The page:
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Shiri (숴러) is a 1999 Korean film written and directed by Kang Je-gyu.

Shiri was the first "Hollywood-style" big-budget action film to be produced in the "new" Korean film industry (i.e., after Korea's major economic boom in the Nineties). Created as a deliberate homage to the "high-octane" action cinema made popular by Hollywood through the Eighties, it also contains a story that draws on strong Korean national sentiment to fuel its drama. Much of the film's visual style is derived from the Asian action cinema of John Woo and Tsui Hark, but it is also clearly indebted to many of the films by American producer Jerry Bruckheimer.

The total budget of the film was only 8.5 million USD -- small by American standards, but at the time the single biggest budget yet allocated to a Korean movie (with part of the funding covered by Korean electronics giant Samsung). The film was a criticial and financial success in Korea and throughout the rest of Asia, and has since been issued on video worldwide. It has also played theatrically in limited engagements in the United States.

Warning: Wikipedia contains spoilers

An elite group of North Korean soldiers is put through a brutal training mission (which includes them murdering condemned North Korean prisoners with their bare hands). Under the auspices of their commander, Park Mu-young (Choi Min-sik), they will be sent into South Korea as "sleeper agents" to be reactivated at some later date. The most promising of the group is Lee Bang-hee, a female sniper who systematically kills several key South Korean government figures over the next few years.

Meanwhile, South Korea's OP Service is searching for Lee. The agent in charge of her case, Yu Jong-won (Han Suk-kyu) has nightmares about her murdering both him and his partner, Lee Jang-gil (Song Kang-ho). Yu is also currently engaged to a young woman, Myung-hyun (Kim Yoon-jin), the owner of a fish and aquarium supply store with a history of alcoholism. They are happy together, but Yu is worried that he cannot tell Myung-hyun about the real nature of his job due to his security clearances (as far as she knows, he has a bureaucratic desk job).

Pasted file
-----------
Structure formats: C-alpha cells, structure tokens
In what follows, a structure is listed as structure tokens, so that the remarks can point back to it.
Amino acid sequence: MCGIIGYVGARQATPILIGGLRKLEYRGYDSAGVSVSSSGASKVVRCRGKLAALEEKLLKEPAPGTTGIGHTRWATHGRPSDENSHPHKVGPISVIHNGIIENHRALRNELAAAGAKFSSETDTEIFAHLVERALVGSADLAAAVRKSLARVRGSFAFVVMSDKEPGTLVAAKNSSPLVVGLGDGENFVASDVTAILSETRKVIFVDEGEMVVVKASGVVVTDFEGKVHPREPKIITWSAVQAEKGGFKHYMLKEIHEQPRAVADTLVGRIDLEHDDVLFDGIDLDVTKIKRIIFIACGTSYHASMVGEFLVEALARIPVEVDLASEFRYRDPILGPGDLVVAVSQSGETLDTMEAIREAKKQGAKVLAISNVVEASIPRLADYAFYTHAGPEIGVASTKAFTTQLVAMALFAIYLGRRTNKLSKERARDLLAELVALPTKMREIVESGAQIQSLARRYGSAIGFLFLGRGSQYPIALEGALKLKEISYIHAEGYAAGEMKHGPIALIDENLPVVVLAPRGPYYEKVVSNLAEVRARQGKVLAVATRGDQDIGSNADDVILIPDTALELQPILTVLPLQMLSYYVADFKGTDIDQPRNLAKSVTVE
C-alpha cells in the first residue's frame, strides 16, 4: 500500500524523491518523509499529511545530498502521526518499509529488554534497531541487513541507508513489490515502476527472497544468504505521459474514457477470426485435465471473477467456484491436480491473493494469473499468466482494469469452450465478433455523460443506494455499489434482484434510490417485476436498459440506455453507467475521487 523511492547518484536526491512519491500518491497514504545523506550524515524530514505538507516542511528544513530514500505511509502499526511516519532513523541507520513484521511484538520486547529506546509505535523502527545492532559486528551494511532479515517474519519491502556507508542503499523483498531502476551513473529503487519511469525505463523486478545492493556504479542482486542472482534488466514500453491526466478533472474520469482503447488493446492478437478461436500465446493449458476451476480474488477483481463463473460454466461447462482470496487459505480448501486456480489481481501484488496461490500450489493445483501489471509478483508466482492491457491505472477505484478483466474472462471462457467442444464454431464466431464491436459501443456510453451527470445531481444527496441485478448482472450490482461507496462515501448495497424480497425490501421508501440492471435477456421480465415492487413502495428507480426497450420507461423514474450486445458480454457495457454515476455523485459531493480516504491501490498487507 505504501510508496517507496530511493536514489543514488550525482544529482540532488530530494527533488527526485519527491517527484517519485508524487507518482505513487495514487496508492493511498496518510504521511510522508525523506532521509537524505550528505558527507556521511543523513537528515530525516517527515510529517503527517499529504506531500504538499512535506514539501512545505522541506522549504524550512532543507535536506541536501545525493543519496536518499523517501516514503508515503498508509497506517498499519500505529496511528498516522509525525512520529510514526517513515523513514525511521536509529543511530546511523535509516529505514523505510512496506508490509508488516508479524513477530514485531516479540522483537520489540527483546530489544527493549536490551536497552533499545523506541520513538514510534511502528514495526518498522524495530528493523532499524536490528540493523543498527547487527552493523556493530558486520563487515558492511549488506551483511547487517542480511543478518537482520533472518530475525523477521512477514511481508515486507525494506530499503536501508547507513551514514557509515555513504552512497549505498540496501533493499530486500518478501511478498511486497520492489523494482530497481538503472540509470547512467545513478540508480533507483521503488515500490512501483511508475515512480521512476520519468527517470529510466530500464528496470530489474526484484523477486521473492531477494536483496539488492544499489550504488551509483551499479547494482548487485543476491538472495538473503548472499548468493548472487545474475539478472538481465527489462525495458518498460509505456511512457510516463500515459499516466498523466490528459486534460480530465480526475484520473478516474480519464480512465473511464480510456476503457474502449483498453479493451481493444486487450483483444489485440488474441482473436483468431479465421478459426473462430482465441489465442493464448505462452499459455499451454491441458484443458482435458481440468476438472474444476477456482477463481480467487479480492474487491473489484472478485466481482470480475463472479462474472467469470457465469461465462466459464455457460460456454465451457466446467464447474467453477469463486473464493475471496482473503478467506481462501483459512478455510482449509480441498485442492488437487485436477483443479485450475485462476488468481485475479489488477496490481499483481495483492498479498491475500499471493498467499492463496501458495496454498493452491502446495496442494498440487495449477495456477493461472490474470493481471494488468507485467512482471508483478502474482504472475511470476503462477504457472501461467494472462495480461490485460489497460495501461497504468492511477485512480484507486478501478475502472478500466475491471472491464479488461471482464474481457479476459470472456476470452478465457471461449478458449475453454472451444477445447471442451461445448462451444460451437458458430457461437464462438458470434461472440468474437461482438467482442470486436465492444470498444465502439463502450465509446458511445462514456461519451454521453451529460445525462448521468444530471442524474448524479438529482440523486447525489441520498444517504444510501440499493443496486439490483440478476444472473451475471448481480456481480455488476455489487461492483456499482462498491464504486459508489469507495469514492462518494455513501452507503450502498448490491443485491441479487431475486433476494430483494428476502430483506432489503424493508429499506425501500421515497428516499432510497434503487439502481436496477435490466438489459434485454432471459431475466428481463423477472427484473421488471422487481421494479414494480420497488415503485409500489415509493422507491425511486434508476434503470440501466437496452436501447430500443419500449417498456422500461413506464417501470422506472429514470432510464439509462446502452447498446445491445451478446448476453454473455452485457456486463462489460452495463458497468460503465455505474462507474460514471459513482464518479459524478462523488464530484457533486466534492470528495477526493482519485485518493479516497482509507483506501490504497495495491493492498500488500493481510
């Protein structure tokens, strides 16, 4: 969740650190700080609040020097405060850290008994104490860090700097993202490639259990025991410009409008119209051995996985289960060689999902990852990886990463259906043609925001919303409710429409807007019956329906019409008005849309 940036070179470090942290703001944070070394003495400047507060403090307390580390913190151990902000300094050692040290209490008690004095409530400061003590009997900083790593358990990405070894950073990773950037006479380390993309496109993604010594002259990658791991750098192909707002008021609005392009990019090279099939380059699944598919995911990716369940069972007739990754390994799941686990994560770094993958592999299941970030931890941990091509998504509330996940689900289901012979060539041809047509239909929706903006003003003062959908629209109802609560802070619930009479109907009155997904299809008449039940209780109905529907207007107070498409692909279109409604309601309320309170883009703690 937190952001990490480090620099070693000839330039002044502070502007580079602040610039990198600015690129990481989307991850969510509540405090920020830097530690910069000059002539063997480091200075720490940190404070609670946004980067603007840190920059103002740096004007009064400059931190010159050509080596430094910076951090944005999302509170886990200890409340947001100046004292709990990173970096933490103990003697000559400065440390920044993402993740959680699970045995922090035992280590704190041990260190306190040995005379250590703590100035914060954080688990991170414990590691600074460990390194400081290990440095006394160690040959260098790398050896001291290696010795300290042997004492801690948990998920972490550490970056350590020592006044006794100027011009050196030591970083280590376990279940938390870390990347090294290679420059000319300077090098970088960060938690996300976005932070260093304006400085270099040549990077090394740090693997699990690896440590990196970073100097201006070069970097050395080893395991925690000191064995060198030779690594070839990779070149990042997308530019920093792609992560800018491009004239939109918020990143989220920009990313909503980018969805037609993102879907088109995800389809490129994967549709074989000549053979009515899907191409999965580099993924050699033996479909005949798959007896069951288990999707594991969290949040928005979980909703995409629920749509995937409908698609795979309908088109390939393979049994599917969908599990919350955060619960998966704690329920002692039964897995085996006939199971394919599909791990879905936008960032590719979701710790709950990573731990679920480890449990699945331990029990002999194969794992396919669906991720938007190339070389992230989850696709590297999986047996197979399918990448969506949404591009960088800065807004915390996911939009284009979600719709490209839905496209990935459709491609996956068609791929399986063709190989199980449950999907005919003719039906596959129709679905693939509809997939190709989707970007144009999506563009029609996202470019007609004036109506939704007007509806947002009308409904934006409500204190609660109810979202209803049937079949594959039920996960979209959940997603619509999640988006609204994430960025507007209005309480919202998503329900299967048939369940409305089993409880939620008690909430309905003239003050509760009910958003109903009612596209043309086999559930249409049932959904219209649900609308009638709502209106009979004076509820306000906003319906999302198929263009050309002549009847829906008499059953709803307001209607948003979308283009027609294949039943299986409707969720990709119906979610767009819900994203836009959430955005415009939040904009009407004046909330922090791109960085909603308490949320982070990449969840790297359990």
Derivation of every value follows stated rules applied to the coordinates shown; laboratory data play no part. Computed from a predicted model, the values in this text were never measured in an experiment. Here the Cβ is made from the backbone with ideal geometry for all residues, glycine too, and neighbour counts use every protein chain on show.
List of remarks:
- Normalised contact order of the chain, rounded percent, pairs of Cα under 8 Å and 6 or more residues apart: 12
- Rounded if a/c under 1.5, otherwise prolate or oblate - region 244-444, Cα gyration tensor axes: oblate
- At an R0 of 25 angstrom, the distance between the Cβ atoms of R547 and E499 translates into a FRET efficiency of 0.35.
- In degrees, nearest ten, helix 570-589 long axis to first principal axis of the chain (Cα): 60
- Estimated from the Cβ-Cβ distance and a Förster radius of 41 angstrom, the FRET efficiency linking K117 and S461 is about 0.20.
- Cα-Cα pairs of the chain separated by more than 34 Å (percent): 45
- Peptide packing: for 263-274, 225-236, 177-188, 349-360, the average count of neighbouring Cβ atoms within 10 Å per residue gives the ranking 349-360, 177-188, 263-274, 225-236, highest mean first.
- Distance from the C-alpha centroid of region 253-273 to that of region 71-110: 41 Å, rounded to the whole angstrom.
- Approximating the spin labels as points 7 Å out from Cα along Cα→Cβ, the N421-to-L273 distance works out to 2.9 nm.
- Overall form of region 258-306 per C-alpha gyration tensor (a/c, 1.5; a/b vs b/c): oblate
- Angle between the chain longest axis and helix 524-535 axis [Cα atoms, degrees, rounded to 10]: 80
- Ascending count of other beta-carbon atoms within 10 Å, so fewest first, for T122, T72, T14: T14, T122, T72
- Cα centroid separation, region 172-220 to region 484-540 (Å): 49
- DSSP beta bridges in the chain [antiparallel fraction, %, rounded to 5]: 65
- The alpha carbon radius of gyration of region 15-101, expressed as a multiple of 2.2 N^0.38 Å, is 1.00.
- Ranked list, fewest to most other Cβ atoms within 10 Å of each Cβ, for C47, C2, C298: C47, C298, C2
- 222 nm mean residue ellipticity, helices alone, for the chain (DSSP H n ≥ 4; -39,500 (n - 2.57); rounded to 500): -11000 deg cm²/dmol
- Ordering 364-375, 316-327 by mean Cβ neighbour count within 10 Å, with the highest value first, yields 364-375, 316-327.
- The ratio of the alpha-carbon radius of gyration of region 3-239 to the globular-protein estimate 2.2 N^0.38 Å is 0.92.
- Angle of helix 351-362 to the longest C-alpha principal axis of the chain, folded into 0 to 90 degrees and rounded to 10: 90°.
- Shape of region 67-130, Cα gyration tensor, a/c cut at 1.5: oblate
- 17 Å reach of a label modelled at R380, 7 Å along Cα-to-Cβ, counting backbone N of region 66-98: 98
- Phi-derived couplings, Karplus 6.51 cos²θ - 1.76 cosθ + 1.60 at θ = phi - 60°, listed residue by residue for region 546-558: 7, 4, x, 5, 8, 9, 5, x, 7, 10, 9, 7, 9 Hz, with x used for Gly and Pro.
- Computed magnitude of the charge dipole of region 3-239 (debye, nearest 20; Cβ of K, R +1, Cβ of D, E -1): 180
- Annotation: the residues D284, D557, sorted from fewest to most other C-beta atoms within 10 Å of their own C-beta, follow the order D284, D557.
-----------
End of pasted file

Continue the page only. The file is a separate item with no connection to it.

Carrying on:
Yu and Lee are contacted by an arms dealer who claims to have information about their quarry, but he is shot dead before he can give them any information. After digging a bit deeper, they determine that he had been contacted by the assassin at some point, probably in an attempt to procure something. That something turns out to be "CTX," a binary liquid explosive developed by the South Korean government. In its ground state, CTX is indistinguishable from water, but when placed under the right temperature conditions for long enough, a single liter of it can explode with enough force to level a fifteen-story building.

Park and his commandos steal several liters of CTX as it's being transported. Later, Park calls Yu and issues an ultimatum: he has concealed several CTX bombs around Seoul, and will give him just enough time to find each one before setting them off. It is revealed that Park and Yu have a history: Park once hijacked an airplane and killed many civilians, but managed to escape by disguising himself as one of the (injured) flight crew.

The first of the CTX bombs is found on top of a department store, but Park has in fact lied about the time factor, and the bomb blast kills dozens of people. Yu is devastated, as is Myung-hyun, who has begun drinking again.

Yu realizes that there may be a leak within the OP, and suspects his partner -- who, ironically enough, suspected the same thing and bugged his car and phone to see if he could learn anything. They set a trap -- into which Park and the assassin step -- but after a horrific, bloody gunfight in public are unable to capture them.

It is then revealed that Myung-hyun is in fact the assassin, and that the information leak was in the form of fish being bugged with electronic surveillance devices. Yu himself had suggested bringing in the fish as a decoration for the OP office, and his girlfriend had supplied them.

The conclusion to the film is set at a soccer stadium, where both North and South Koreans are playing, unaware that Park has set a CTX bomb directly over the Royal Box in a light bank. Yu and Park tussle viciously, and Yu finally kills Park and turns off the power to the lights. Myung-hyun makes one last stand to finish her mission, but Yu kills her before she can do so. We learn that Myung-hyun was in fact pregnant with his child, and had left detailed instructions on how to catch her on his answering machine before leaving for the stadium.

The title of the film refers to a fish found in Korean fresh-water streams. At one point Park has a monologue wherein he describes how the waters from both North and South flow freely together, and how the fish can be found in either water without knowing which it belongs to. This ties into the film's ambitions to be the first major-release film to directly address the still-thorny issue of Korean reunification.

CTX is, coincidentally, also the name of a Korean electronics company.